T.S. Eliot: Poems
Hopelessness in The Love Song of J. Alfred Prufrock College
Between the end of the 19th century and the beginning of the 20th, the world began to develop at a blistering pace. From a time when most civilians lived apart from each other on opposite ends of the country emerged a time when new technologies connected the vast world as we know it. The invention of the newspaper, railroad, telephone, and automobile made it possible for individuals, and news, to travel at a speed not seen before. Many writers, like T. S. Eliot, were disillusioned by the rapid ascent of social exchange. In response to this, the modernist literary movement was born, and proceeded in hope of finding meaning in a seemingly meaningless world. Yet pessimism was essential to much of modernism. In Eliot's "The Love Song of J. Alfred Prufrock" the author's hopeless views of society are showcased through the usage of bleak diction, as well as the allusions Eliot utilizes to add a classical layer to the poem. Just as importantly, the format of the poem as a dramatic monologue it makes it more personal, as though Prufrock is showcasing the anxiety of the modern world directly to us, his interlocutors.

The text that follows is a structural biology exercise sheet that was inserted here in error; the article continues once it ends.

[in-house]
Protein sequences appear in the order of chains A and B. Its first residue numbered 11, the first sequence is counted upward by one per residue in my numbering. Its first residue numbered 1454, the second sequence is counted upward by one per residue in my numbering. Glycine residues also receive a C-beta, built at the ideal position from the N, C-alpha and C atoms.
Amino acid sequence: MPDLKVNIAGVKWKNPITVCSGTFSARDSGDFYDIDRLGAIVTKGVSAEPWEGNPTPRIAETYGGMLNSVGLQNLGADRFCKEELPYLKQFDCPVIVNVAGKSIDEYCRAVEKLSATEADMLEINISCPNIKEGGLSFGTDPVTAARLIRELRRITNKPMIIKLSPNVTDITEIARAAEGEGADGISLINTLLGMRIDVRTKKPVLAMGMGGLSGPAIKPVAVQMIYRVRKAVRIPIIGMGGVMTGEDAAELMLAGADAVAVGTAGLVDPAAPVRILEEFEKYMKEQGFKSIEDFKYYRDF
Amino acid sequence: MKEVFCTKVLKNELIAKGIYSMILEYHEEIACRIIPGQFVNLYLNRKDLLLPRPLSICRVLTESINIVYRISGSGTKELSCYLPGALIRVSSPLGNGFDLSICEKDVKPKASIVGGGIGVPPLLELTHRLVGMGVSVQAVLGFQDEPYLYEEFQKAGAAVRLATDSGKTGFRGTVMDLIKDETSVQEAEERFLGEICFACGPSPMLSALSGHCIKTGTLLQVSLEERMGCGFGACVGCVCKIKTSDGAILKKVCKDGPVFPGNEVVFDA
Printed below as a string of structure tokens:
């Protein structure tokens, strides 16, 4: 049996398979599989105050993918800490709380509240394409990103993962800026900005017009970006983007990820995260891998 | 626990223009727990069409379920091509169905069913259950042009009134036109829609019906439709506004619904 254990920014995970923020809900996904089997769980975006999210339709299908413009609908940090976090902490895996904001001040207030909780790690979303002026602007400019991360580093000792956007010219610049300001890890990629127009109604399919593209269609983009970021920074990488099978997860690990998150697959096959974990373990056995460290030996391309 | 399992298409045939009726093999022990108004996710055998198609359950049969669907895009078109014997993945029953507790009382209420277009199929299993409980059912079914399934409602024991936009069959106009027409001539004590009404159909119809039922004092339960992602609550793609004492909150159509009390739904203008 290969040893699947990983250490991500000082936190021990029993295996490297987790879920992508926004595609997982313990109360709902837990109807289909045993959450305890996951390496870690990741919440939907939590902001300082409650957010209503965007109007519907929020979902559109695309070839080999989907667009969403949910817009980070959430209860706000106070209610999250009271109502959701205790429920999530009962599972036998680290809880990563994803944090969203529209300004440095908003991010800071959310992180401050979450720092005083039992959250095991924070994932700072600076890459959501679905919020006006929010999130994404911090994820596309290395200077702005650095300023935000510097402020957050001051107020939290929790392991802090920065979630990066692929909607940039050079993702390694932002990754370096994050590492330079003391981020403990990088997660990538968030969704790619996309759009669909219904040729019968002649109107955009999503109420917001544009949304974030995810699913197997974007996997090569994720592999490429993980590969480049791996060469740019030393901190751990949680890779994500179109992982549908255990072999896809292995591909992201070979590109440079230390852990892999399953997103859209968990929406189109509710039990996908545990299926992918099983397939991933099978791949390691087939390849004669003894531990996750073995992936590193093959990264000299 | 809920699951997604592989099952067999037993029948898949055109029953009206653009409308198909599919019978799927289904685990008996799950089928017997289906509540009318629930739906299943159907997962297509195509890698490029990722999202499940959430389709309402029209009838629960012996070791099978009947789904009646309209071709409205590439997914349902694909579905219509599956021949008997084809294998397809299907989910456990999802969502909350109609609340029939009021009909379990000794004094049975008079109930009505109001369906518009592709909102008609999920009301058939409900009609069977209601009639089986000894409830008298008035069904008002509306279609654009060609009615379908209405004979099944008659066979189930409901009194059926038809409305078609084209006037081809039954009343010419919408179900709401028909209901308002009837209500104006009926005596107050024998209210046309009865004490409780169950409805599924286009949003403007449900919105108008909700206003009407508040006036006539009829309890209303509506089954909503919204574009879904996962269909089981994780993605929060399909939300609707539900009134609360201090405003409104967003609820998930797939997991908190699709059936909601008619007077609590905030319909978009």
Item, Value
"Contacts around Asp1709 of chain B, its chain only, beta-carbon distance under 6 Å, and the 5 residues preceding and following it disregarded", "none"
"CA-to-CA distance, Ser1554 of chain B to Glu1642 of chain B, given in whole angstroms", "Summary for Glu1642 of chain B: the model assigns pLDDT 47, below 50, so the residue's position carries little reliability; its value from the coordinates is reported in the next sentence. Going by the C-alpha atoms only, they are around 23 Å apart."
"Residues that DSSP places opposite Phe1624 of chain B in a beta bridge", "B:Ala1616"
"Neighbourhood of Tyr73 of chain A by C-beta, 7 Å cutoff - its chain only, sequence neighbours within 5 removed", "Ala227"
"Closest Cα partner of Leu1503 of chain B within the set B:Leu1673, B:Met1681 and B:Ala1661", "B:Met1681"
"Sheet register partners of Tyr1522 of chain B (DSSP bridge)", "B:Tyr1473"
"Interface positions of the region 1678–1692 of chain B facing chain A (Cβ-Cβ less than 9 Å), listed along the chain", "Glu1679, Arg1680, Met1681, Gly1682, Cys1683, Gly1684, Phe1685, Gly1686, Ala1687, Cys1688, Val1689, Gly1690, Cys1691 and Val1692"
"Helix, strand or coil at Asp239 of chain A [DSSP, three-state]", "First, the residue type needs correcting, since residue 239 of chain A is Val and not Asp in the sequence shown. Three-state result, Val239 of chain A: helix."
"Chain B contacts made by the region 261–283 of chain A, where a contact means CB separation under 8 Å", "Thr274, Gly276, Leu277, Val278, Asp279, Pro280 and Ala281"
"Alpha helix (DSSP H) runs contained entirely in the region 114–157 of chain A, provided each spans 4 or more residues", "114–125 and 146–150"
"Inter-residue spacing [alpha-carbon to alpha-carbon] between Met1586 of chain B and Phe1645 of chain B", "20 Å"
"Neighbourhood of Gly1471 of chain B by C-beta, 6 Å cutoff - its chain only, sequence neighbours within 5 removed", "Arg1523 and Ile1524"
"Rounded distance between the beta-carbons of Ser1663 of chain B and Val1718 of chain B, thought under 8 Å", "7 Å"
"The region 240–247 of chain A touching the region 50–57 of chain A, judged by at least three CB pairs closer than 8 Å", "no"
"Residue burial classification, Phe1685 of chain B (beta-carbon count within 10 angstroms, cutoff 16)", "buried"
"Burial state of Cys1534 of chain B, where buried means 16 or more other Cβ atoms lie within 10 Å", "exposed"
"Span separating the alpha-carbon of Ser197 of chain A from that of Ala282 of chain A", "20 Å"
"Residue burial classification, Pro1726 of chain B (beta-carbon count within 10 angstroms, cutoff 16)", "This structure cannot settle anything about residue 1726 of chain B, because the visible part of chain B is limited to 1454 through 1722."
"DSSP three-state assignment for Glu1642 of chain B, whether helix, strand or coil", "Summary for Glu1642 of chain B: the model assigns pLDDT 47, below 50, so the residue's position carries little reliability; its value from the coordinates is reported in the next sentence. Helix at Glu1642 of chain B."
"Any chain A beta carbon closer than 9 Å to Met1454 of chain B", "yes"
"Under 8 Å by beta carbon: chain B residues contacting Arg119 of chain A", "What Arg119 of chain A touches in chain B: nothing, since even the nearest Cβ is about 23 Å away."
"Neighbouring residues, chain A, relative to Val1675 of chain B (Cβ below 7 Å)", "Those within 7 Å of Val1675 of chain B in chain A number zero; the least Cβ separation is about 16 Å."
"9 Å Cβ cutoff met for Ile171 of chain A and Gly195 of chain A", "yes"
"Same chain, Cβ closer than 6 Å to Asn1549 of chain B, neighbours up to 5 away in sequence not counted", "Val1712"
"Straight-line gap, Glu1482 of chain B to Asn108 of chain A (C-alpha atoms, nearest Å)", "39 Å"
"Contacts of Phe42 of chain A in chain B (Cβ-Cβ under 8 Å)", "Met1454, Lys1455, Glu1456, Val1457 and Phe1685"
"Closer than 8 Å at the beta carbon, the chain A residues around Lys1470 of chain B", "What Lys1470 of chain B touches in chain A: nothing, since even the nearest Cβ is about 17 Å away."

The hopeless diction implemented in "The Love Song of J. Alfred Prufrock" pushes the reader into an almost dystopian...
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